When to Seek Help for Suicidal Thoughts and Ideation

When to Seek Help for Suicidal Thoughts and Ideation

Suicidal ThoughtsSuicidal thoughts are distressing, and may be accompanied by other factors that increase the chance of one actually going through with a suicide plan such as:

  • Depression
  • Mental illness
  • Alcohol
  • Substance abuse

The question that many people have, however, is when does a suicidal thought become serious? After all, many people have reported that they have thought about ending their life in passing as that would make a certain situation “easier”, but then common sense kicks in and the thought is dismissed. So how can you find the distinction between a suicidal thought and when someone is actually feeling suicidal? There are usually two categories to help professionals determine how serious one’s intent is to commit suicide:

  • Passive suicidal ideation which involves someone wanting to die, but not having a plan to end their life
  • Active suicidal ideation which involves someone wanting to die and having an actual plan to end their life

Regardless of what category you may find yourself or a loved one in, both require immediate medical and professional help. The threat of suicide, or the thought of suicide, isn’t to be taken lightly. There are a number of reasons why suicidal thoughts may occur, many of which can be treated. Some of the leading causes include:

  • Sleep deprivation
  • Unexpected and sudden life changes that have a negative impact on one’s life
  • Mental illness (depression, schizophrenia, bipolar disorder, etc.)
  • Illegal drug use (cocaine, LSD, methamphetamine)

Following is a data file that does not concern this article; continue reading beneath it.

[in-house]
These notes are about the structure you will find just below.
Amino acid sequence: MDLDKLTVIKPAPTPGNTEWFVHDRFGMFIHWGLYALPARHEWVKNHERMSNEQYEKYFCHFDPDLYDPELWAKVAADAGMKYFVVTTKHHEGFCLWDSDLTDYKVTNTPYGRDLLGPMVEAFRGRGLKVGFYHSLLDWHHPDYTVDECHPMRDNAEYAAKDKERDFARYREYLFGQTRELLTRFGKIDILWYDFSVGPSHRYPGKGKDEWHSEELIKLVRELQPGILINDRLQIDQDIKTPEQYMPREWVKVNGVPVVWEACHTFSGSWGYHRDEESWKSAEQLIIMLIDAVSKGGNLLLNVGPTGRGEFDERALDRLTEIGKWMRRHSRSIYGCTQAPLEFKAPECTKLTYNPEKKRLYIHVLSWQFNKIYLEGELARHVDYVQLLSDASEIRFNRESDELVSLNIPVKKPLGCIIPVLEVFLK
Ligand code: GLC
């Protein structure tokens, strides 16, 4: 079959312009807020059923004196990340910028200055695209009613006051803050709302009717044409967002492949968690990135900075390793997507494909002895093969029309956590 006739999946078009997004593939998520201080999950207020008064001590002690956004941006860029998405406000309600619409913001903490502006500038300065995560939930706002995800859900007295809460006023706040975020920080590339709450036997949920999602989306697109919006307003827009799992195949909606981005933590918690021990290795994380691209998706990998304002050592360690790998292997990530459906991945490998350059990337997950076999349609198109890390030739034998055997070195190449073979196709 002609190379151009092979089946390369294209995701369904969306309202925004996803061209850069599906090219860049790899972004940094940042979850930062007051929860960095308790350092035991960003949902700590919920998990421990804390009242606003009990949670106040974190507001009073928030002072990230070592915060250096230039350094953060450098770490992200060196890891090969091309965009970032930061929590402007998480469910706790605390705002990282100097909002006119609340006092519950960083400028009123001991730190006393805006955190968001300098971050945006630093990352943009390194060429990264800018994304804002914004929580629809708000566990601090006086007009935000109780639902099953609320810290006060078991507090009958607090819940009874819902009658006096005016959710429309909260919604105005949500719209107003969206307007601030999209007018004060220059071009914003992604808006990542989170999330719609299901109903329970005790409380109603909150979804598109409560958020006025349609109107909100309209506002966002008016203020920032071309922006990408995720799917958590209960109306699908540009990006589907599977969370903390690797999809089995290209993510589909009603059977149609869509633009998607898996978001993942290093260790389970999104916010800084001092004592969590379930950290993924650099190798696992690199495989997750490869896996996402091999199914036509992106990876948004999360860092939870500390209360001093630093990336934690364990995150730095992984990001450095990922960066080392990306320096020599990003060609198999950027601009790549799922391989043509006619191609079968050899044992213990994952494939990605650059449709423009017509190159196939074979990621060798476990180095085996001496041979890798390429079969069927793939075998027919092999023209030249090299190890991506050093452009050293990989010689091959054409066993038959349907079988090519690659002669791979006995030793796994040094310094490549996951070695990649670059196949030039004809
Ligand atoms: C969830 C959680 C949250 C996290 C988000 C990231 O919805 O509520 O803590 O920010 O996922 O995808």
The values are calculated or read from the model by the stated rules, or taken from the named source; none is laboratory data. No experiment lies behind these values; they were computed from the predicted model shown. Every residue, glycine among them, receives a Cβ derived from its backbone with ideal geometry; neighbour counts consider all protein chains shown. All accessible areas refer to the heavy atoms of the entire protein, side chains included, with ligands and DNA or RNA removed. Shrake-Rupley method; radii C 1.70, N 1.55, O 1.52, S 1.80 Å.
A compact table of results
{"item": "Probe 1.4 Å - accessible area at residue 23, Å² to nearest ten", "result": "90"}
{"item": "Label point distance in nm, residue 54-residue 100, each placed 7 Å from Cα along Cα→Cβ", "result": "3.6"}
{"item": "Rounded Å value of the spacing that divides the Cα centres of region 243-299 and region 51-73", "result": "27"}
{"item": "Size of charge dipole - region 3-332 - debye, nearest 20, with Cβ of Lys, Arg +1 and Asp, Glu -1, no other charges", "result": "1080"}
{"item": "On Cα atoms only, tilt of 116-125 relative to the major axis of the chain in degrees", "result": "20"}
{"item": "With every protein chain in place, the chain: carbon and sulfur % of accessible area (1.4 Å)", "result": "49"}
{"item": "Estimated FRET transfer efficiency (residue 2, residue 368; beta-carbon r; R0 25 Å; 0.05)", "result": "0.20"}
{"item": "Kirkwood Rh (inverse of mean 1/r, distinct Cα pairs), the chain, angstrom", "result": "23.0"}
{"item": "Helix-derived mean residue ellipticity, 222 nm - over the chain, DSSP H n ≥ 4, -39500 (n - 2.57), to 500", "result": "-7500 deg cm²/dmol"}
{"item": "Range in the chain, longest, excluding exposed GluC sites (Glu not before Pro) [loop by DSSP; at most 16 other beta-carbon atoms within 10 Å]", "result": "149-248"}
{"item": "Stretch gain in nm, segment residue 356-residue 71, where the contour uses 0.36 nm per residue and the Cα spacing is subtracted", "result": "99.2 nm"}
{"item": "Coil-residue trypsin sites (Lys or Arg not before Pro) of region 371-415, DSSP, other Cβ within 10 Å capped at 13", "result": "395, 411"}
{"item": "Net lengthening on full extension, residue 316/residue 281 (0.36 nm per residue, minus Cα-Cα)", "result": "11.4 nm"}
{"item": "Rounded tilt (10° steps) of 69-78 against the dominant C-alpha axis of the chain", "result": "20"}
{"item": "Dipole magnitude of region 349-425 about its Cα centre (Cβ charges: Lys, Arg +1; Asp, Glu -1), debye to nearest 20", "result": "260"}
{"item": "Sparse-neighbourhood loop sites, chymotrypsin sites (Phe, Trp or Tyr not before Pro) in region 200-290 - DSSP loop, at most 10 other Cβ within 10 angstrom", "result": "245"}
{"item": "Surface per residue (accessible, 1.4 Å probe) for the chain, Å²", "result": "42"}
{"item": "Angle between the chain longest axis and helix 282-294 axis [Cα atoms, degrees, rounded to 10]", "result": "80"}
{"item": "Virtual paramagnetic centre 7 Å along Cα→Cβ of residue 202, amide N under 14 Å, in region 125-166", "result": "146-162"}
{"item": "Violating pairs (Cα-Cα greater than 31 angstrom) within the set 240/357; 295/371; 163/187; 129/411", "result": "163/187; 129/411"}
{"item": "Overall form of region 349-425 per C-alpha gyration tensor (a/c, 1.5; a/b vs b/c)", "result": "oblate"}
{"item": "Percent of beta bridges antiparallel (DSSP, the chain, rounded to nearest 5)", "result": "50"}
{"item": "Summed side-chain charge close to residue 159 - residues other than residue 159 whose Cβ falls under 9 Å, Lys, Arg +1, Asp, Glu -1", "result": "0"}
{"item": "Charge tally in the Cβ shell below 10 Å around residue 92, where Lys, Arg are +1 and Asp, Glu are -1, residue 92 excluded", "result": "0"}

• Anxiety disorders (obsessive compulsive disorder, posttraumatic stress disorder)
  • Side effects to medications (Prozac, Paxil, Singulair)

There are a number of symptoms that can help you identify if someone is suffering from suicidal ideation as well. If you have a friend or family member who has seemed “down” or moody for two weeks or more, they may be suffering from depression. If you know of a child or a teen who seems to be more irritable than usual, this may be how they are expressing depression rather than appearing sad. Those who have sleep disturbances and express feelings of hopelessness and helplessness, and who seem unable to take pleasure in anything in life is also a very common symptom of one who has suicidal ideation. Be on the look out for:

  • Weight gain or weight loss
  • Inattentiveness and poor performance
  • Feelings of guilt
  • Use of drugs and alcohol

If you or someone you know is suffering from suicidal thoughts, please contact us at the Western Sydney Suicide Prevention & Support Network for further help and resources. You are not alone.